Before my little grandson’s birthday party today, my son and I got into a fight over sneakers.  He insists that his sneakers have wiggle room for the toes, and the only shoes that fit his rigid specifications have holes in the toes from heavy use.  I know we need to shoe shop for my growing son, and I plan to do that this week.  In the meantime, I wanted him to wear a nice pair of shoes from our shoe bench.  The pair I had in mind fit his feet but don’t give him the voluminous wiggle room he wants.  In the end, I let him wear the shoes he wanted, mostly because I wanted to end the screaming session we had fallen into. 

On the drive to the party, we all discussed the shoe dilemma.  I promised we would buy new shoes this week, we talked about ways we can avoid fighting in the future and my son and I apologized to each other.  We arrived at the party ready to celebrate the birthday boy.

During the party, the birthday boy said to his momma, “I not like you, Mommy.”  She and I chuckled over that comment and discussed how this statement defines motherhood sometimes.  Our children do not always agree with us or appreciate our rules, requests or guidelines.  In fact, we sometimes want to respond with, “Mommy not like you either right now” when our little ones do things that we do not like. 

Conflict happens in any relationship.  What do you do when your child, whom you love more than life itself and would die to protect, declares that he or she is unhappy with you?

As the adult and a mom, I have to put aside my emotions sometimes and choose to practice what I preach.  Patience, self-control and calmness must define my behavior when my son expresses displeasure at something I say or ask him to do.  In addition to shoes and clothing conflicts, we sometimes argue when I tell him he has to read for school, attend his online class, write his letters starting on the top left corner, or cannot ride his bike around the block when we are ready to leave for an errand run.   Some days, it feels like we argue from son-up until son-down.   

On these days, I have to pull out my arsenal of tips that help deflect the conflict and restore peace.  Some of my ideas include

1.  explaining that I need a time out then walking away for a break (my favorite time out spot is my closet where I can sit on the floor and cry, scream or journal for a few minutes until I can calm down),

2.  changing the atmosphere by engaging in an enjoyable activity like turning on music, starting a tickle fight, reading a book or playing with him and his favorite toys,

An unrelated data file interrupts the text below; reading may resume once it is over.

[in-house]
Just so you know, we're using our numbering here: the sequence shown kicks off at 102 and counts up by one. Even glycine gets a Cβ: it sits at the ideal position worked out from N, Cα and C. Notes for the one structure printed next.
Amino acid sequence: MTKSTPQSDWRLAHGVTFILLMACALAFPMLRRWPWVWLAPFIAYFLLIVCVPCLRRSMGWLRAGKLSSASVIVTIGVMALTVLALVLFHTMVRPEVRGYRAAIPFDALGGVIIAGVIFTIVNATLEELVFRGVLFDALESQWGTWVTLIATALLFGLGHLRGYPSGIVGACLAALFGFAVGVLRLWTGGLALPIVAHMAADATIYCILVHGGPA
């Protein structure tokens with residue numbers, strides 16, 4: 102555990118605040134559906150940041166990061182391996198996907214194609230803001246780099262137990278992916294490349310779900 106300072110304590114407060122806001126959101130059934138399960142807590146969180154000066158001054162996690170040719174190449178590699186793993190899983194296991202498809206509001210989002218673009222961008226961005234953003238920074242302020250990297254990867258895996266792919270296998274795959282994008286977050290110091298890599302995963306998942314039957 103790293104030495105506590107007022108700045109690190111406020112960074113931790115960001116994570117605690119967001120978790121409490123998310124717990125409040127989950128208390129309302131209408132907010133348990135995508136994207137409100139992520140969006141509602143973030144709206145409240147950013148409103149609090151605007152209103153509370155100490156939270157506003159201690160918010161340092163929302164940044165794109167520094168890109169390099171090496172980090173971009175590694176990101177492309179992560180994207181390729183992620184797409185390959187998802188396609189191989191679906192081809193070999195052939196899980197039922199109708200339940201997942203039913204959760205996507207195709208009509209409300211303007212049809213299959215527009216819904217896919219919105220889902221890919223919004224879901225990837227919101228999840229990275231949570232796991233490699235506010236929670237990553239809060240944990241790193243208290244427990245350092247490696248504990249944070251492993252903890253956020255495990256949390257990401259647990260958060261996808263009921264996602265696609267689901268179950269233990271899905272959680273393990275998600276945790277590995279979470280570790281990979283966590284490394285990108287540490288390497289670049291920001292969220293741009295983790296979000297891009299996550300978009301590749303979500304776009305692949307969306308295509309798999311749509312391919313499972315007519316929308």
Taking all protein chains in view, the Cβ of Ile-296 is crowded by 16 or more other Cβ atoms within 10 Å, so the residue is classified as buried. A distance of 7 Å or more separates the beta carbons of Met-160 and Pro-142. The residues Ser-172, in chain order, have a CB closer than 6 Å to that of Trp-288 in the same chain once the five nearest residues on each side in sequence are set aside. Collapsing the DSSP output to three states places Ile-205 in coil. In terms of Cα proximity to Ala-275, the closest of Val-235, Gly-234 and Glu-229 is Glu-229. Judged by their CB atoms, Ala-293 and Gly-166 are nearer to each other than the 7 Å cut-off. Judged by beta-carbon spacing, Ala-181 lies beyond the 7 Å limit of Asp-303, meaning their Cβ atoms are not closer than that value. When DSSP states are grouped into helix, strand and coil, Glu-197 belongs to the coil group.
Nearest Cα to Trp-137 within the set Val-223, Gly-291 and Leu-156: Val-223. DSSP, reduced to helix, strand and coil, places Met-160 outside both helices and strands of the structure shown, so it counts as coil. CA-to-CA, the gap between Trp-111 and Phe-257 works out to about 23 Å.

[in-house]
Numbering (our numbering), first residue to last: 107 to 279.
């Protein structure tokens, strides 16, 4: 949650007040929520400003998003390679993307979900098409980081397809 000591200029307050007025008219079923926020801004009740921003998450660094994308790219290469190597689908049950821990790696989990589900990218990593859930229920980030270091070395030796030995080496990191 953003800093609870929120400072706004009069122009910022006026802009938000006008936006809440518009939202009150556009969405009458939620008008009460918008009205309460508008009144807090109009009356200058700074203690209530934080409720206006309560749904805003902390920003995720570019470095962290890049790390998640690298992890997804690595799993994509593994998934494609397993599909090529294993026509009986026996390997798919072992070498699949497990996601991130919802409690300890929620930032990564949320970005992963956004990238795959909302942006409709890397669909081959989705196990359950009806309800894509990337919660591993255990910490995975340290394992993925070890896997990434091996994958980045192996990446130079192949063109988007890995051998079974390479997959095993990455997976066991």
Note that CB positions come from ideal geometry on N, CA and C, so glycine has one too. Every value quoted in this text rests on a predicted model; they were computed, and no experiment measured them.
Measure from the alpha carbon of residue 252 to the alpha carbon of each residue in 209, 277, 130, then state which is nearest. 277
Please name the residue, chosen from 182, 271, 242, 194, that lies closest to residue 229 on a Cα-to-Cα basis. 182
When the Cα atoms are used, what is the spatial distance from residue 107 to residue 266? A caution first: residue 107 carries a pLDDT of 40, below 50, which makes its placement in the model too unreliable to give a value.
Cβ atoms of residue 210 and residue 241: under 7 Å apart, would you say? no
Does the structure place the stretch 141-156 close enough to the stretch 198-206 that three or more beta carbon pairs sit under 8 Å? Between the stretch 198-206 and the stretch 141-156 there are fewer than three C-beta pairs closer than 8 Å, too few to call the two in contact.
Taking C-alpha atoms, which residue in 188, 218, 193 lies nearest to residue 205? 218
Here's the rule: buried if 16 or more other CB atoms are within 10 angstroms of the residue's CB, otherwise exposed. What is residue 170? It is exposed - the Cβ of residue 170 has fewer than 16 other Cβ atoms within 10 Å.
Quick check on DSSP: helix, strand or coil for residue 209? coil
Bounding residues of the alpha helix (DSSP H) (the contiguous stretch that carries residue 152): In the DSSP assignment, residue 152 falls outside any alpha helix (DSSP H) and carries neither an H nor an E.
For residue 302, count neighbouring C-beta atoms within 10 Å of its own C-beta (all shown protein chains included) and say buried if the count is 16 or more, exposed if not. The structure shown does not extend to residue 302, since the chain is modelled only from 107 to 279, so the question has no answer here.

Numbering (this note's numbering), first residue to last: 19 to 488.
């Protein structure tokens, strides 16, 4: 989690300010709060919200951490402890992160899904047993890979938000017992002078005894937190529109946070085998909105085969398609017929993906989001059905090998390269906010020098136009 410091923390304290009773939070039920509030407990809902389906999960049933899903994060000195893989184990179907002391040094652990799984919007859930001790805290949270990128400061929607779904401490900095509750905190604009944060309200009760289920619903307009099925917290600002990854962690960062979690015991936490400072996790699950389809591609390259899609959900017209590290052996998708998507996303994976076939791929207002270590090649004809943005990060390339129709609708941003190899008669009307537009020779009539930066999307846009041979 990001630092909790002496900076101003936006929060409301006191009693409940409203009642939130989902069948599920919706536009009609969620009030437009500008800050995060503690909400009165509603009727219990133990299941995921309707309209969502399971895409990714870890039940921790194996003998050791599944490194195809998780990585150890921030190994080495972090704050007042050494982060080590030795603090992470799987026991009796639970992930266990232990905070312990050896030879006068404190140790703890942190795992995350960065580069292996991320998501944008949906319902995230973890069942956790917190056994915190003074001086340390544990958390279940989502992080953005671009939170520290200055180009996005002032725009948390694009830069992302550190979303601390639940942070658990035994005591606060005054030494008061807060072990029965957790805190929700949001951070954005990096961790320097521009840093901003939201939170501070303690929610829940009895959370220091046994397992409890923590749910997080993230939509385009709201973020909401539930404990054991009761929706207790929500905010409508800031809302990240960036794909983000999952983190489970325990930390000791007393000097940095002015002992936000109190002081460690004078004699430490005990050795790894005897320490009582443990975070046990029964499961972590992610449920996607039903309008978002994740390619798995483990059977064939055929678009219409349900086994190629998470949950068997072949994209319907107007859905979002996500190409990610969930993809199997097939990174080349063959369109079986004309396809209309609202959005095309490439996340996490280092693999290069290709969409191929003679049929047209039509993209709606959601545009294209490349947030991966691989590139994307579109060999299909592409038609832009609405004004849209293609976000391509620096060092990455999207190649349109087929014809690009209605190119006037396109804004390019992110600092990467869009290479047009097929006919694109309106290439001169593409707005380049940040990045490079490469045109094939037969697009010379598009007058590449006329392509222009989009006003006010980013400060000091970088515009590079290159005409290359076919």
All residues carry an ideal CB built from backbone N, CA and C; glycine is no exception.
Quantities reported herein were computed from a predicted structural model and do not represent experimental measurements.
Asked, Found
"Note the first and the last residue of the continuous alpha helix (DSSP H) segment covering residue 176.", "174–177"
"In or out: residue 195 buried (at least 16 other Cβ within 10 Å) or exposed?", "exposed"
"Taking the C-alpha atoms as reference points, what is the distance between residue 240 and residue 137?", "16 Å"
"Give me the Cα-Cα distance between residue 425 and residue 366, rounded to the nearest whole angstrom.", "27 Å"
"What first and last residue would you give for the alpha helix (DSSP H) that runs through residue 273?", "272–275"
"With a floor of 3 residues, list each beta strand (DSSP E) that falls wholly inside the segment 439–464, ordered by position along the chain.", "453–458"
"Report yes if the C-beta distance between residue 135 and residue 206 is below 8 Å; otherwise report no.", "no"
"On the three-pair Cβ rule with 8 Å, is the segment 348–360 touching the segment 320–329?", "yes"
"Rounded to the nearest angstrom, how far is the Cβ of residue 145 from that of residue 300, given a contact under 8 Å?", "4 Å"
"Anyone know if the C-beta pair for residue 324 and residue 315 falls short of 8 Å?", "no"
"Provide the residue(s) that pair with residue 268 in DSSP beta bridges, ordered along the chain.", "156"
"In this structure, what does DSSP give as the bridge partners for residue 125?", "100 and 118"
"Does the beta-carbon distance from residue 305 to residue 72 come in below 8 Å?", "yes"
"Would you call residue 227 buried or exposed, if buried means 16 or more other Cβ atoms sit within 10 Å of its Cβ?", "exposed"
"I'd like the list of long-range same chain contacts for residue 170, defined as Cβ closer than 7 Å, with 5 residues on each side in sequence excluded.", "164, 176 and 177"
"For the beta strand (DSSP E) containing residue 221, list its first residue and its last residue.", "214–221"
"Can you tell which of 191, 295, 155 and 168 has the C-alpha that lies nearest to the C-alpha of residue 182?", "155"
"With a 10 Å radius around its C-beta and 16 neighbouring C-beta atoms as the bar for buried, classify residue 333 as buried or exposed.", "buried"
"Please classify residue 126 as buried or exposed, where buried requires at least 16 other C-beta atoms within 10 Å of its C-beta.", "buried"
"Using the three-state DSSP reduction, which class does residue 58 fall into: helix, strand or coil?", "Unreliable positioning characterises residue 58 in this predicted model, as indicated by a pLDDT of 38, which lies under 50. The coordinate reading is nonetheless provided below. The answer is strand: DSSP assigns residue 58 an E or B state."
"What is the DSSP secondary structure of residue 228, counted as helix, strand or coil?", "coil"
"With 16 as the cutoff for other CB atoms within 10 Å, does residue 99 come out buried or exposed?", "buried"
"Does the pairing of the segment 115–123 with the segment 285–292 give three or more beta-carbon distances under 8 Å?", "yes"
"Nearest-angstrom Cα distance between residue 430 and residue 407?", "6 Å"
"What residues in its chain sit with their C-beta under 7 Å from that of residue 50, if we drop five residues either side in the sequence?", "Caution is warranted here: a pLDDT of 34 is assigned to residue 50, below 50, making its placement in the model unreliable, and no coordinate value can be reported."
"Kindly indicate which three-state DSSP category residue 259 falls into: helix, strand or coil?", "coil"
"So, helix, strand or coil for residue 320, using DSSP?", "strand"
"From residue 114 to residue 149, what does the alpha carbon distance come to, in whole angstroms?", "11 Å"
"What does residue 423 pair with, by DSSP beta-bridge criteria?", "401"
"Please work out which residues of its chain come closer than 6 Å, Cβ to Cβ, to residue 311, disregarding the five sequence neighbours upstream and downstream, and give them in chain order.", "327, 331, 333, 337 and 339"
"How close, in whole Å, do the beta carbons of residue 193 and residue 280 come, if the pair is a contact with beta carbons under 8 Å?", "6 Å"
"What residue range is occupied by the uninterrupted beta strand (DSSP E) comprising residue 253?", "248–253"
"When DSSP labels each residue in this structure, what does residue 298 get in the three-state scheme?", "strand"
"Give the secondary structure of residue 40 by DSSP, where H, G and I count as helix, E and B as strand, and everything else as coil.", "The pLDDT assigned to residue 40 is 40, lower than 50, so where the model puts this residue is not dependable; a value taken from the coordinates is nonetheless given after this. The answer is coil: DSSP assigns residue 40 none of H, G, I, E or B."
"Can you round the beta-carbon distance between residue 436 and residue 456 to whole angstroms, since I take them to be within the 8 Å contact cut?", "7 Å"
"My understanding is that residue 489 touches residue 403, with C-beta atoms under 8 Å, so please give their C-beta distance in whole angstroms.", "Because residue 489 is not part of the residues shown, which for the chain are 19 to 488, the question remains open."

3.  relaxing and asking myself if the fight is worth it (I don’t want him to think he can get his own way just because he whines or says he doesn’t like me, but sometimes I need to reassess my demands or requests and give him more reasonable tasks or help him accomplish what I need him to do.),  

4.  taking time after we calm down to discuss how much I love him, and

5.  being thankful that my child feels comfortable expressing his emotions.

While I cannot make my child happy with me all the time and I cannot always be happy with him, I do try not to take his displeasure personally.  In fact, I am probably doing something right if he does not always agree with me.  After all, my job is to be his mother not his best friend or his clone.  By nature, our relationship will experience moments of conflict.  As a family, we all benefit from learning how to resolve conflict at home in our controlled environment.    

That being said, as soon as I finish writing this post, I’m sitting down with my son to look online for sneakers.  Hopefully, the pair we find will include plenty of wiggle room.

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How to Handle Transitions

My husband took off work early today so we could travel to a Monster Truck show.  After paying a highway toll, paying to park at the venue and walking half a mile to the entrance, we learned that the cost of purchasing tickets at the location (as opposed to online) were more expensive than we anticipated.  I turned to him and asked, “Are you sure we should do this?”  We stepped out of line and discussed the options.  As a single income family, we try to spend our money wisely.  Would this afternoon show be a wise investment?

After a brief discussion, we decided to pursue a more affordable family activity.  After driving through a local town, we ended up driving back to our hometown where we landed at the miniature golf course.  Hubby instructed our children on the proper stance for hitting the ball and how we need to wait for everyone to finish the hole (somehow, the most impatient person in our family putted first, and Mom was designated to putt last). 

While we missed out on an adventure we were all looking forward to, we found an even greater blessing as we spent quality time together.  I felt proud of my children who willingly agreed to a change in plans.  

Unfortunately, not every plan change goes as well.  I have learned the hard way that my children need advance warning before an unexpected change in plan.  I have to warn them before transitions.  For instance, every school morning, they hear, “Five more minutes until school starts!”  I also try not to plan our day in detail.  I tell them the subjects we need to cover, but I leave plenty of time for unexpected bad moods, play dates, errands, calls from family members or a myriad of other interruptions.